TOYOTA REVEALS LIVERY Mikkelsen: Not out to finish second
Twelve months on from announcing its return to the World Rally Championship, Toyota revealed the livery for its 2016 test Yaris WRC at a Tokyo press conference last week
Volkswagen’s Andreas Mikkelsen believes his good start to the season can spur him on to victory on his ‘home’ round of the World Rally Championship.
The Norwegian led the event into the final stage last year before a mistake cost him victory and dropped him to third place. This time around Mikkelsen is more determined than ever to take his second win, having broken his WRC duck in Spain last October.
Rally Sweden, as usual, will cross the border into Mikkelsen’s native Norway on Friday, where he is determined to make the most of his home advantage.
Mikkelsen said: “I am not travelling to Rally Sweden to finish second. It is my home rally, as part of the route is in my native Norway. Many of my friends and my entire family will be there, and it has always been my dream to win there. I came so damned close last year.
“I had the win in my hands – but ultimately came up just short in the final few metres. We have made a good start to the season, and I will do everything in my power to win in Sweden for the first time.”
Last year’s winner and his team-mate’s nemesis Sebastien Ogier anticipates a big fight with Mikkelsen and Jari-matti Latvala.
“I am expecting a close Rally Sweden,” said the reigning world champion. “I am certainly looking forward to the rally. Last year it was a tough struggle with the Nordic drivers. They are the ones to beat in Sweden.”
Acouple of weeks ago I was on the phone to a high-ranking member of the Irish Tarmac Rally Championship, and I listened very carefully. The net result of our conversation was clear. The R5/S2000 move is a good one for the championship.
You may have read my column when the change was announced last summer, where I was undecided. After all, the fans want to see the most modern and fastest machinery driven by their heroes. It’s old ground I don’t need to cover too closely: Bertie Fisher, Billy Coleman etc. They had the latest and quickest cars.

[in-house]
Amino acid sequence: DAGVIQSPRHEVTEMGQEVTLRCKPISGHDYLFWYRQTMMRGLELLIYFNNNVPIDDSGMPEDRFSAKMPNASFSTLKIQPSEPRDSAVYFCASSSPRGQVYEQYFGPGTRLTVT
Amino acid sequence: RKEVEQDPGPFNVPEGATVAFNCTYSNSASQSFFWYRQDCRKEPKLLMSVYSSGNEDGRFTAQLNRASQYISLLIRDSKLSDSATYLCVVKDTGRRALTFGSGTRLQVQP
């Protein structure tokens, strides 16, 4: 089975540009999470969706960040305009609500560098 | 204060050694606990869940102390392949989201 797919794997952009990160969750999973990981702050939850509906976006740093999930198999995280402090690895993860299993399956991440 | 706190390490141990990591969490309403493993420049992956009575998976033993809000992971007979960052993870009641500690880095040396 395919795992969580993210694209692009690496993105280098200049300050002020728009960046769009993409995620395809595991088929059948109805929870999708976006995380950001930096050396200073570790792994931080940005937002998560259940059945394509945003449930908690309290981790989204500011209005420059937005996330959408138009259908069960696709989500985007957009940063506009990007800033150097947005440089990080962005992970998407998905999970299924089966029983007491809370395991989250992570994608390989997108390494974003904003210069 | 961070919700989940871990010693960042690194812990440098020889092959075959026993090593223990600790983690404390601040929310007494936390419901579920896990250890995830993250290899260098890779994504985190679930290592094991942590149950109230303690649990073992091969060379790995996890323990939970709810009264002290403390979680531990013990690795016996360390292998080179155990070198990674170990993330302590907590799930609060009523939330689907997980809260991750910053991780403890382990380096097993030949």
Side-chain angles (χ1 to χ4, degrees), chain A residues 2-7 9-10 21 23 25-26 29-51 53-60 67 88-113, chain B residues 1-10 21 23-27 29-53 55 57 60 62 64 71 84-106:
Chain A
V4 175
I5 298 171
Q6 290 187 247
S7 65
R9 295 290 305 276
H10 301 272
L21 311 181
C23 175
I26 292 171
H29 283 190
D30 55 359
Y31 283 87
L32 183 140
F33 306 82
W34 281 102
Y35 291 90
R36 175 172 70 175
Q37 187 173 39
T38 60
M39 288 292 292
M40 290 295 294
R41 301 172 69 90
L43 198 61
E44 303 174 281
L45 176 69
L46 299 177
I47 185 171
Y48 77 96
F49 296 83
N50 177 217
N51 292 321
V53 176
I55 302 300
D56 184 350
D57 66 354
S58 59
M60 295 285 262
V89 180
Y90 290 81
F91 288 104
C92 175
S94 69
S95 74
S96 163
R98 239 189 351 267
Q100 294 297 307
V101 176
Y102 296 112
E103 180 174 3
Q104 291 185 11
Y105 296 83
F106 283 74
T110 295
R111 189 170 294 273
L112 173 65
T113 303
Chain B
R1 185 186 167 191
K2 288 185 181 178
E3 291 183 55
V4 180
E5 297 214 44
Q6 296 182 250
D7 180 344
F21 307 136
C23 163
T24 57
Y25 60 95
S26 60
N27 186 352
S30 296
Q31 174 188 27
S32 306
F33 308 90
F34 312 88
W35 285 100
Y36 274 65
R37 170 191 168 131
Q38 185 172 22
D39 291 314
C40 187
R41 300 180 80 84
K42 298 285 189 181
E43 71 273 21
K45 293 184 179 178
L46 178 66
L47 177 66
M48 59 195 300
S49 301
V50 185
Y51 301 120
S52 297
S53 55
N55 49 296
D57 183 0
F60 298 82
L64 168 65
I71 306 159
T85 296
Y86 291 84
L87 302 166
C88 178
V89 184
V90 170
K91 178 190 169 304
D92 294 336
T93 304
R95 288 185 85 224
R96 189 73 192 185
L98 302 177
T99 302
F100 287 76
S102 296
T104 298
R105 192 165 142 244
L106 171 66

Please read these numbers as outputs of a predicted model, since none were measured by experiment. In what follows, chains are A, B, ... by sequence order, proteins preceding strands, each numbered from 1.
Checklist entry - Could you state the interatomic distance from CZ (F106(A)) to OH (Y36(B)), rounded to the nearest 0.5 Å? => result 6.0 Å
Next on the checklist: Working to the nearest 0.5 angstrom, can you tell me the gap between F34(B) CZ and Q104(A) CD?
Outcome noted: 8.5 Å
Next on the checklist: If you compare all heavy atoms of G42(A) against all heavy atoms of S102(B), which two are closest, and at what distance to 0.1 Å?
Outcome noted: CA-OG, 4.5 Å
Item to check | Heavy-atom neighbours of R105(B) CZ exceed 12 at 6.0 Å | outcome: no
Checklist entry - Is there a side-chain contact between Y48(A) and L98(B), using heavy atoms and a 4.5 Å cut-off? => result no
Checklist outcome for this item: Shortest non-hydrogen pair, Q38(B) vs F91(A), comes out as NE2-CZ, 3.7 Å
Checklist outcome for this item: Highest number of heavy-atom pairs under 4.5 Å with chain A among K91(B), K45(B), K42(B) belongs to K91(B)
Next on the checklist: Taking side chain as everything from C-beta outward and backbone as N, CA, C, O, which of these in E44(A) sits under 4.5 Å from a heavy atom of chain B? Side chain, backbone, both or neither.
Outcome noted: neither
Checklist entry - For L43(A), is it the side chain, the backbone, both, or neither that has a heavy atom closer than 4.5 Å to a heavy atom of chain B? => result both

I stand by my original thoughts. The organisers of the championship were damned if they did, damned if they didn’t. How do you inject competition back into a series by ruling cars out? I think that was a fair and balanced opinion at the time.
However, two things have changed since I wrote that column, the first being the absolute explosion of interest in the British Rally Championship. Its calendar now features two Irish Tarmac rounds, with the two championships sharing the similar rules (both have R5/S2000S as the top class). I don’t think anyone could have predicted the sudden rise of the BRC, which looks like it will attract around 15 R5 entries for its Mid Wales opener next month.
Here’s why it makes a difference, and why my opinion has altered a little: numbers. I wasn’t convinced in June that we’d get a double figure number of R5s in the ITRC, but we’ve had that on the first round. Perhaps the accessibility between Irish, British and European championships has helped that. Drivers can now do those two rounds and potentially compete in one, two or three championships depending on your results in each round. Brilliant.
Back to the numbers: yes, WR Cars are the best to watch and get the spectators out of bed, but would two? If you saw an entry of two WRC cars, as we had at many points last year, would you be up at 0400hrs to travel to the depths of the Irish countryside to follow the rally? I doubt it.
Here’s where the R5 thing works. The cars are nearly as fast as a WR Car in the right hands, and we got 14 of them including S2000s in Galway alone. Fantastic.
The second reason is parity. A S12B Subaru Impreza and a 1.6-litre modern Fiesta are two different beasts suited to different conditions. If you’re a youngster, proving yourself with a car which is deemed to favour a certain rally removes your bragging rights.
However, the R5s are on a very even keel. Yes, some R5s are better than others, but perhaps by 0.2s per mile driven by the best. No disrespect intended here – but at a
relatively grassroots level, that 0.2s probably isn’t going to be accessed.
So gear up for a year of proper-close rallying, if Galway is anything to go by.